NASA/JPL/University of Arizona

Rocks and waves of sand dominate this image of Mars from the HiRISE camera. However, some find an mysterious rectangular-shaped boulder sticking out of a hillside.

Explore the rugged terrain of Mars starting in the area of the enigmatic, rectangular boulder. What shapes and stories do you see in the sands of Mars? Leave a note below.

If you look around the boulder-field at the bottom of this hillside, you’ll find lots of shadows that are rectangular looking. But are they all “monoliths” placed by aliens similar to those created by Arthur C. Clarke in his story “The Sentinel” and popularized in the Stanley Kubrick film “2001: A Space Odyssey?” The answer lies probably in the play between shadows and image resolution. Pixels on images are square. If you look really close at the monitor you are using you’ll find a rectangular grid of glowing square pixels make up the text and images on this screen. The HiRISE camera has a resolution of about 30 centimeters. That means that one pixel equals about 30 centimeters or about one foot. That’s only about the size of a beach ball. Big boulders become square-like objects; shadows become square-like as well. An early morning or late afternoon sun creates long shadows making objects appear larger than they really are. Very similar to walking down a road with your back to the Sun at sunset and seeing your shadow stretch out tens of feet in front of you.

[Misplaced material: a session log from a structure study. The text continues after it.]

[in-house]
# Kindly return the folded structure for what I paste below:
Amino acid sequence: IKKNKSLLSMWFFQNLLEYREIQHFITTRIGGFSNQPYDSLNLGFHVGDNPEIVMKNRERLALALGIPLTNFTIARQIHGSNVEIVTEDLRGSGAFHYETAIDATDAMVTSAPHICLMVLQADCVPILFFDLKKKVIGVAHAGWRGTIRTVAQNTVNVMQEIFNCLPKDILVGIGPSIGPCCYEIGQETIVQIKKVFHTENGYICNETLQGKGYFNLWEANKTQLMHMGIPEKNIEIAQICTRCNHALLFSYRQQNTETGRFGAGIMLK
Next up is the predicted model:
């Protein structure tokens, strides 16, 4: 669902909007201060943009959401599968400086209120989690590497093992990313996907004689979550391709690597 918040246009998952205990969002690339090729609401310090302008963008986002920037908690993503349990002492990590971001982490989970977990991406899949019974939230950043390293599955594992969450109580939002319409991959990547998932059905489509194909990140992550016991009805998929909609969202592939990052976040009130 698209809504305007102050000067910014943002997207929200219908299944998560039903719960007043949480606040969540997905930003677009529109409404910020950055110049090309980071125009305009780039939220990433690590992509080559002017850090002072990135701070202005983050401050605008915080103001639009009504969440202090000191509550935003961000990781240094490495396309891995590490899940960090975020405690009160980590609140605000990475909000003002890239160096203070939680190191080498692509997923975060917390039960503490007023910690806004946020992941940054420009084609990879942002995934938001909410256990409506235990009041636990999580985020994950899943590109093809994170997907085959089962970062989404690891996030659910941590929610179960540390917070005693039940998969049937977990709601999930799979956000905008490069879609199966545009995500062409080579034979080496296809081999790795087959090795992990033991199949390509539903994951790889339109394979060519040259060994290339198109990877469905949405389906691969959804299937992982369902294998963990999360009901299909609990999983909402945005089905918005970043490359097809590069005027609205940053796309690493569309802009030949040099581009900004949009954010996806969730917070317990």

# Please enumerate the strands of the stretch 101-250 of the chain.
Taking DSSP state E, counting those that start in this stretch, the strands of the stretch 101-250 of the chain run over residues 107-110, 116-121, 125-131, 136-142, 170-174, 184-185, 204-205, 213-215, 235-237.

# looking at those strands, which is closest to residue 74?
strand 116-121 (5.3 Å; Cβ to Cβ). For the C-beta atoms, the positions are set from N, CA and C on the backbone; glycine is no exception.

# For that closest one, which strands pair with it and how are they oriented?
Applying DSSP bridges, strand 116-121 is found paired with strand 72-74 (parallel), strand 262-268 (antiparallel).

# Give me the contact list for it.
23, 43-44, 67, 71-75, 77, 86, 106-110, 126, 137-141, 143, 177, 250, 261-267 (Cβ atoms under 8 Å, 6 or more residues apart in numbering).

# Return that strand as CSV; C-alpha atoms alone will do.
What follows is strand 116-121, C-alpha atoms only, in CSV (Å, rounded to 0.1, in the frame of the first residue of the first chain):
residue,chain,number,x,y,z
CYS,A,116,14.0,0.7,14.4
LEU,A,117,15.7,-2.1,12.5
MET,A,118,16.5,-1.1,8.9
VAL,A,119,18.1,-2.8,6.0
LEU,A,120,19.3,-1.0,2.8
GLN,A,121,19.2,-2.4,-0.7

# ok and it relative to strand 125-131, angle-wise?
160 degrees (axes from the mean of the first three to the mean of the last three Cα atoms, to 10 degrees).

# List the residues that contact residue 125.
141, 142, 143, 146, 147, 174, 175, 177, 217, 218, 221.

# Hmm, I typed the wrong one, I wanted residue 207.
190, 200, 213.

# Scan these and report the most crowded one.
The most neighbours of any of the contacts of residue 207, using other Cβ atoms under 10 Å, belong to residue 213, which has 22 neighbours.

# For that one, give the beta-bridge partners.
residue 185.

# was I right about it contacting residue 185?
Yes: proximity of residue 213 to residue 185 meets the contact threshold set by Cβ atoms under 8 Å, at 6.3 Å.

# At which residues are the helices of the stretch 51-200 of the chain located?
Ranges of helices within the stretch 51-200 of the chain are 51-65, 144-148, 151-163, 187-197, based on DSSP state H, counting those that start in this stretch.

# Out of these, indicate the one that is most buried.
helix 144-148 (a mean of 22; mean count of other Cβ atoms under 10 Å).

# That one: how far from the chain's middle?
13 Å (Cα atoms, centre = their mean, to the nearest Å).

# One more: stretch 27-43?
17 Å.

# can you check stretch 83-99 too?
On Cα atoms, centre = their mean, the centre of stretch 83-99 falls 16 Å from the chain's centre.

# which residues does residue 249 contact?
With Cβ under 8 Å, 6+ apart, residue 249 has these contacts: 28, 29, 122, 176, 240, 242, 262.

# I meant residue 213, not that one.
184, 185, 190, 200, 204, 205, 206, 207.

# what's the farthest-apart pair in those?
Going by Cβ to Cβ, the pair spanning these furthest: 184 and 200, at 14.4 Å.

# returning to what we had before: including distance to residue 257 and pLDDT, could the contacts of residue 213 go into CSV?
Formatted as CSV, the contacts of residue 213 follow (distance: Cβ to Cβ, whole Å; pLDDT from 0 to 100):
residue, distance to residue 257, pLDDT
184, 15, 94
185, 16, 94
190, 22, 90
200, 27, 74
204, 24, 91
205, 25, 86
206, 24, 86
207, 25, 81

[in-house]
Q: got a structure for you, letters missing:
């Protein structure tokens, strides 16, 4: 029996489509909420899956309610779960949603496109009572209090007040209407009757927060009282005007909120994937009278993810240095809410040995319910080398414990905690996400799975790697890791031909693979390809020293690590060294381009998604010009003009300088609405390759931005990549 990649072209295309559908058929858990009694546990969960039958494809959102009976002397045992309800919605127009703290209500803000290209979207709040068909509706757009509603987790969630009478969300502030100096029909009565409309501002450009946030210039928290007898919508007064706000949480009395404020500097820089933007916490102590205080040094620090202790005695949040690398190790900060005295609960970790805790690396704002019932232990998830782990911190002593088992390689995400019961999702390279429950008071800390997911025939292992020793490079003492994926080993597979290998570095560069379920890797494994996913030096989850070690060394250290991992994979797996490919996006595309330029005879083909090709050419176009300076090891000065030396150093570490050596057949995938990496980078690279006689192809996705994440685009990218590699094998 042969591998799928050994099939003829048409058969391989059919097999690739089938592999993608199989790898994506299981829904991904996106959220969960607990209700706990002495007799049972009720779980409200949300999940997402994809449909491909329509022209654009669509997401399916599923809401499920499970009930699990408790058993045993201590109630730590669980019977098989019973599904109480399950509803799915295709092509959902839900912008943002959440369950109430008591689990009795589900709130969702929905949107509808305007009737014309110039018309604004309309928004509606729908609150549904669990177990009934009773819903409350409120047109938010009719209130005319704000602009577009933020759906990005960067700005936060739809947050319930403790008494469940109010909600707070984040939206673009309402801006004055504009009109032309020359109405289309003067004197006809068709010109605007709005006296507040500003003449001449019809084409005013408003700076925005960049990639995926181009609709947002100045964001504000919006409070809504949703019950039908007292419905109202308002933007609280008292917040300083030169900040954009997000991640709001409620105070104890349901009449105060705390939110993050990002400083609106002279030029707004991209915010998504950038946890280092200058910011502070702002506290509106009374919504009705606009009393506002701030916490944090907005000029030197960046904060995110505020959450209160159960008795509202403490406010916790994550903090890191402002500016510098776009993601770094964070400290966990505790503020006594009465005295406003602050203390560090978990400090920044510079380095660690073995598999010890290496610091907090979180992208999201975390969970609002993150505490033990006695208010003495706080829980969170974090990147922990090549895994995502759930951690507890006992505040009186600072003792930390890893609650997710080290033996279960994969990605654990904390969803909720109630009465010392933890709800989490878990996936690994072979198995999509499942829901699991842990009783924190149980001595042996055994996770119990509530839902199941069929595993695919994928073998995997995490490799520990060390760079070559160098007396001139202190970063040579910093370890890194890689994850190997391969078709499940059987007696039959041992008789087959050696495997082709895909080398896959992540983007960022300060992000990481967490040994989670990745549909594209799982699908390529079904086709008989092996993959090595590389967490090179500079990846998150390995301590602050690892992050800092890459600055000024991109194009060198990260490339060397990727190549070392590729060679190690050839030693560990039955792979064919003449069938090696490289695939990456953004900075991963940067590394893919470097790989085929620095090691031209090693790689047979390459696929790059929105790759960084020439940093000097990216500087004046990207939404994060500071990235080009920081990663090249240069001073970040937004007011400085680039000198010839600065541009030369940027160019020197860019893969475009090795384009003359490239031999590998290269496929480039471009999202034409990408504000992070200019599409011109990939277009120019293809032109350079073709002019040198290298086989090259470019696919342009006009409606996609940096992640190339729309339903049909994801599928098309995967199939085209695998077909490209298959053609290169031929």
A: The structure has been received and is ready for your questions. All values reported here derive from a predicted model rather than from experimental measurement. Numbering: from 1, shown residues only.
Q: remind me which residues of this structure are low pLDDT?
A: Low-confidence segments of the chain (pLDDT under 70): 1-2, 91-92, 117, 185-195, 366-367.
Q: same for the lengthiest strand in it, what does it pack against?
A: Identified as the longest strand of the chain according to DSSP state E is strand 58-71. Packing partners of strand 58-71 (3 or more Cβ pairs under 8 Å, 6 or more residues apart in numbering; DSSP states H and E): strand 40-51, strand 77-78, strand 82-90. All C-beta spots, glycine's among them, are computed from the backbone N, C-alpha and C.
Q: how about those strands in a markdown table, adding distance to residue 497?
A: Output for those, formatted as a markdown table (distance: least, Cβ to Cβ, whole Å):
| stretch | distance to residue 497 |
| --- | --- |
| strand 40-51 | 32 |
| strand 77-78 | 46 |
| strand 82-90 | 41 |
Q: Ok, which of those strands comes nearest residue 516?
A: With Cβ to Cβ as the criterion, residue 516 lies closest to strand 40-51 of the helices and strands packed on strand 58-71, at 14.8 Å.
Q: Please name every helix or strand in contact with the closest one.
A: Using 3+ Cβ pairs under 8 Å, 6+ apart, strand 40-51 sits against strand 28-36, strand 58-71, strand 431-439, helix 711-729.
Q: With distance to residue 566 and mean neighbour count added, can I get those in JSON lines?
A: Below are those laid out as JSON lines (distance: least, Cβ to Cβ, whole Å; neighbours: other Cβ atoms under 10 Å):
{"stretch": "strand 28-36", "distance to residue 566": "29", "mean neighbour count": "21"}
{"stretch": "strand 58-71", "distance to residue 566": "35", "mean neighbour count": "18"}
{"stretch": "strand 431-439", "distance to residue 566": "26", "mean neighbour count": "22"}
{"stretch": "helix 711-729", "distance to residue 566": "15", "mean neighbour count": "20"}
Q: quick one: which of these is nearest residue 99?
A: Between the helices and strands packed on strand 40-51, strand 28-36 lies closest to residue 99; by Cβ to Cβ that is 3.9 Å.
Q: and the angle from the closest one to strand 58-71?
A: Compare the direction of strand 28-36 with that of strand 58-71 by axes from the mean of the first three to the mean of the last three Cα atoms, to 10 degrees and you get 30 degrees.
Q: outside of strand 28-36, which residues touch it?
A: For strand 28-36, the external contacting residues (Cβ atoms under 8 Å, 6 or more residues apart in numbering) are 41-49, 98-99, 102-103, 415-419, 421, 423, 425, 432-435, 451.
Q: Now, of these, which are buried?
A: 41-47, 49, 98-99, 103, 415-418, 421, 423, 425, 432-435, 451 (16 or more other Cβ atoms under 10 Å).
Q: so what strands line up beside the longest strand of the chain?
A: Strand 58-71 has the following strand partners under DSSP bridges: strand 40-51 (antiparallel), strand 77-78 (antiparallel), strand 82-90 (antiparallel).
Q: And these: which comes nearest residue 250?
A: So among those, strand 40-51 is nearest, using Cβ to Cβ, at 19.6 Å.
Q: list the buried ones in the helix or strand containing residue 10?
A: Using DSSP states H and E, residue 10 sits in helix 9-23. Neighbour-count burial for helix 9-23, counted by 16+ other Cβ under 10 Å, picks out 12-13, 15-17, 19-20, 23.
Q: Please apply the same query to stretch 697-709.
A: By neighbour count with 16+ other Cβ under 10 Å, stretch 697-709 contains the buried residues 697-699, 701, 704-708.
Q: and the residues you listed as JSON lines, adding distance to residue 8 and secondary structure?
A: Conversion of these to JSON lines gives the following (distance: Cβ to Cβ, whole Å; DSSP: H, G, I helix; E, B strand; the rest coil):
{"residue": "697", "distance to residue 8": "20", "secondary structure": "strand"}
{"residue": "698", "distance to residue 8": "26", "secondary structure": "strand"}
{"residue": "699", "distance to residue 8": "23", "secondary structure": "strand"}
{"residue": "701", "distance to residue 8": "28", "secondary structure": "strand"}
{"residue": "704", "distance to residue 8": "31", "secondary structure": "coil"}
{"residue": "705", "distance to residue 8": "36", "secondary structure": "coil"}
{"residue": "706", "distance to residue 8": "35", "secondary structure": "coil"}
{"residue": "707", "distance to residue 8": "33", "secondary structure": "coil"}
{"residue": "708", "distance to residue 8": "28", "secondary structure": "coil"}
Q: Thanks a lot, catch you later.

You can read more about this effect in a post at Life’s Little Mysteries.

The more interesting stuff in this image are the ripples of sand that drift across the plateau craters and then march along the bottom of the canyon at the bottom of the image. Sand has nearly filled in the double craters in the center of the image creating a pie-shape. Geologists find this image interesting because of the layers of rock that make up the wall of the canyon.

Launched with Mars Recon­nais­sance Orbiter, or MRO, in 2005, HiRISE is one of six instru­ments aboard the spacecraft orbiting Mars. HiRISE’s cam­era can see objects on the sur­face as small as a beach ball. The instru­ment can also offer scientists stereo views of the surface.

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